OPINION

The four horsemen of the pandemic

American soldiers in Seattle in December 1918, on their way to France during the influenza pandemic. Picture: Shutterstock
American soldiers in Seattle in December 1918, on their way to France during the influenza pandemic. Picture: Shutterstock

We are all familiar with images of mud and death in the trenches of the First World War. But it's only over the past year that many of us have seen photos of the influenza pandemic that raged during the last year of the war and on into 1919. Foreshadowing our own time, they show wards full of sick and dying patients, masked nurses, police and ordinary citizens, and even anti-mask protesters.

The Great War (as it was then called) directly caused the deaths of between 15 and 22 million people, about half of whom were civilians, and a roughly equal number of severe injuries. But the 1918-19 pandemic was even more deadly, claiming the lives of around 50 million people, or roughly 3 per cent of the world's population at that time. The loss of life was greater even than most estimates of the toll of the Second World War, generally regarded as the most deadly event in history.

The link between the Great War and the influenza pandemic was more than a mere coincidence of timing. Massive movements of troops around the world - unprecedented at the time, but foreshadowing our own world of extensive tourist and business travel - were a major factor in spreading the 1918-19 pandemic. And, as with current pandemics, the close proximity of humans and food-producing animals played a major role. But recent research has also pointed to more direct links to the war, including the role of poison gas and the local climate change created by the conflict.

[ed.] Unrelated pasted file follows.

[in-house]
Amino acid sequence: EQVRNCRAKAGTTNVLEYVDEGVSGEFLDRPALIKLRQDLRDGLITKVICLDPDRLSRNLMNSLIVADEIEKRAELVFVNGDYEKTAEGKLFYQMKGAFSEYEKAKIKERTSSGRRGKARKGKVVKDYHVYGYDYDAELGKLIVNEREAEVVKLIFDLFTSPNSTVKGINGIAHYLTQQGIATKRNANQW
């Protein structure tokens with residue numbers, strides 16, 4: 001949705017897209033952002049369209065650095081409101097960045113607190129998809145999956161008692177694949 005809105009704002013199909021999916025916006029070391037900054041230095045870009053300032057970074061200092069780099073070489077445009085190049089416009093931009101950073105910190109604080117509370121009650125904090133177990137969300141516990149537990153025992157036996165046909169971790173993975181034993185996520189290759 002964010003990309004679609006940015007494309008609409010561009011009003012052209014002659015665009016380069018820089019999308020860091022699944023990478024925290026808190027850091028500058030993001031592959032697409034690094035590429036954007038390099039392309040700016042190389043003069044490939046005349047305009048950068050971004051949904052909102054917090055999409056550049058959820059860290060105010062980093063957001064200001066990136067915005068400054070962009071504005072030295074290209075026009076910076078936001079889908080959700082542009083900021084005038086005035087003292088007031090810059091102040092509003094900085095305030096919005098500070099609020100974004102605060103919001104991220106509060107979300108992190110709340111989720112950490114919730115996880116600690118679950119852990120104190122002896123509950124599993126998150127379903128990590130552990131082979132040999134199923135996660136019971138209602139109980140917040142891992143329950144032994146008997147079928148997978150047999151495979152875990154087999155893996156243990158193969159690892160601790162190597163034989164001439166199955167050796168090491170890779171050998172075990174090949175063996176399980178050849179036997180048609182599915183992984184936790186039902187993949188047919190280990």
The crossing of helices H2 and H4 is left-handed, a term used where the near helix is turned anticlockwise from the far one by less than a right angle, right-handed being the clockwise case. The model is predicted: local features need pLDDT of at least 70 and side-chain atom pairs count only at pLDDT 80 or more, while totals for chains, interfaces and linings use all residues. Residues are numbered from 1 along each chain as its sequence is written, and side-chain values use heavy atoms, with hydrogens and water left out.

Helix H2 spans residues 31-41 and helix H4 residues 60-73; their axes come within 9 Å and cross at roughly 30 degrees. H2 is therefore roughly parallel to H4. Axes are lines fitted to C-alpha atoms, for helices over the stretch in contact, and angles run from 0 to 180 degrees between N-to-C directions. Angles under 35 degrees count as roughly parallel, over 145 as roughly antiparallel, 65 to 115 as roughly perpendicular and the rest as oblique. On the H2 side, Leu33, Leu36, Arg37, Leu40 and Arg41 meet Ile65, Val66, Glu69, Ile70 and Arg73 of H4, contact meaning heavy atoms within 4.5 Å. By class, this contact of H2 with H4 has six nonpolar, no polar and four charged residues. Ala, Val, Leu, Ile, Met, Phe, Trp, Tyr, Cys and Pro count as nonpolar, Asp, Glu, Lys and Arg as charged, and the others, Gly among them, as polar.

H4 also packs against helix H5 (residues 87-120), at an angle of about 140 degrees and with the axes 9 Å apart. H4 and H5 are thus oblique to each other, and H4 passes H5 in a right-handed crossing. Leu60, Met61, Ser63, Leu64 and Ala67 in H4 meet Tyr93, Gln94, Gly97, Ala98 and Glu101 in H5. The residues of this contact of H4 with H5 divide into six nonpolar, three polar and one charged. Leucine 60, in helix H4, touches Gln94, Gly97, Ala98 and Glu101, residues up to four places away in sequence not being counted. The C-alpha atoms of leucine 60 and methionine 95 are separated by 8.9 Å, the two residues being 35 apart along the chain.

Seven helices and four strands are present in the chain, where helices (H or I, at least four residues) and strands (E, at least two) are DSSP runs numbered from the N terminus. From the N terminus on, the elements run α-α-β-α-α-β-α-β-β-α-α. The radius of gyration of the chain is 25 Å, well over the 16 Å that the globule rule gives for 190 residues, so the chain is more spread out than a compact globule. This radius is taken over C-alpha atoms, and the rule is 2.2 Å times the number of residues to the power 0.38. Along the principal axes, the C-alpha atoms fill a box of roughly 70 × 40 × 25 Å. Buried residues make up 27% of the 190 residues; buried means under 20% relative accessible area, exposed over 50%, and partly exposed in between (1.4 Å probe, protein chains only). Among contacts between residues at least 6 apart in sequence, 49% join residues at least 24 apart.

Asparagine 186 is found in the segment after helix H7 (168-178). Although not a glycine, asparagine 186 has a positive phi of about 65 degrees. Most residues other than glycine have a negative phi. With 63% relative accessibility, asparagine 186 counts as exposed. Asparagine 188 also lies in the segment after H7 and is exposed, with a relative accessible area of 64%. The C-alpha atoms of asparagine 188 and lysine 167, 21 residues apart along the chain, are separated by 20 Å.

The 1918-19 pandemic was originally called the Spanish flu because of the extensive publicity given to cases in Spain, notably that of King Alfonso XIII, who fell gravely ill. As a neutral power, Spain had not imposed the wartime censorship that prevailed in other European countries.

The first recorded case - involving Albert Gitchell, an army cook at Camp Funston in Kansas - occurred in the United States on March 4, 1918. At this stage it was no more deadly than the usual seasonal influenza epidemic. It was in the trenches and camps of the Western Front that the disease took the deadly form that would kill millions, and particularly young people.

In 2005, a team of researchers led by J. S. Oxford of St Bartholomew's Hospital in London concluded that the prime culprit was a British base camp at Étaples in Northern France. "The Étaples camp had the necessary mixture of factors for emergence of pandemic inuenza," they wrote, "including overcrowding (with 100,000 soldiers daily changing), live pigs, and nearby live geese, duck and chicken markets (and) horses." It also had an additional factor: "24 gases (some of them mutagenic) used in large hundred-ton quantities to contaminate soldiers and the landscape."

The gases used in the Great War included chlorine, phosgene and (perhaps the most horrible of all) mustard gas, which not only caused disabling blistering but is also highly carcinogenic and mutagenic. The outbreak of flu, particularly deadly to the young men among whom it spread, probably arose from the mutagenic effects of one or more of these gases, combined with repeated transmission from humans to animals and vice versa.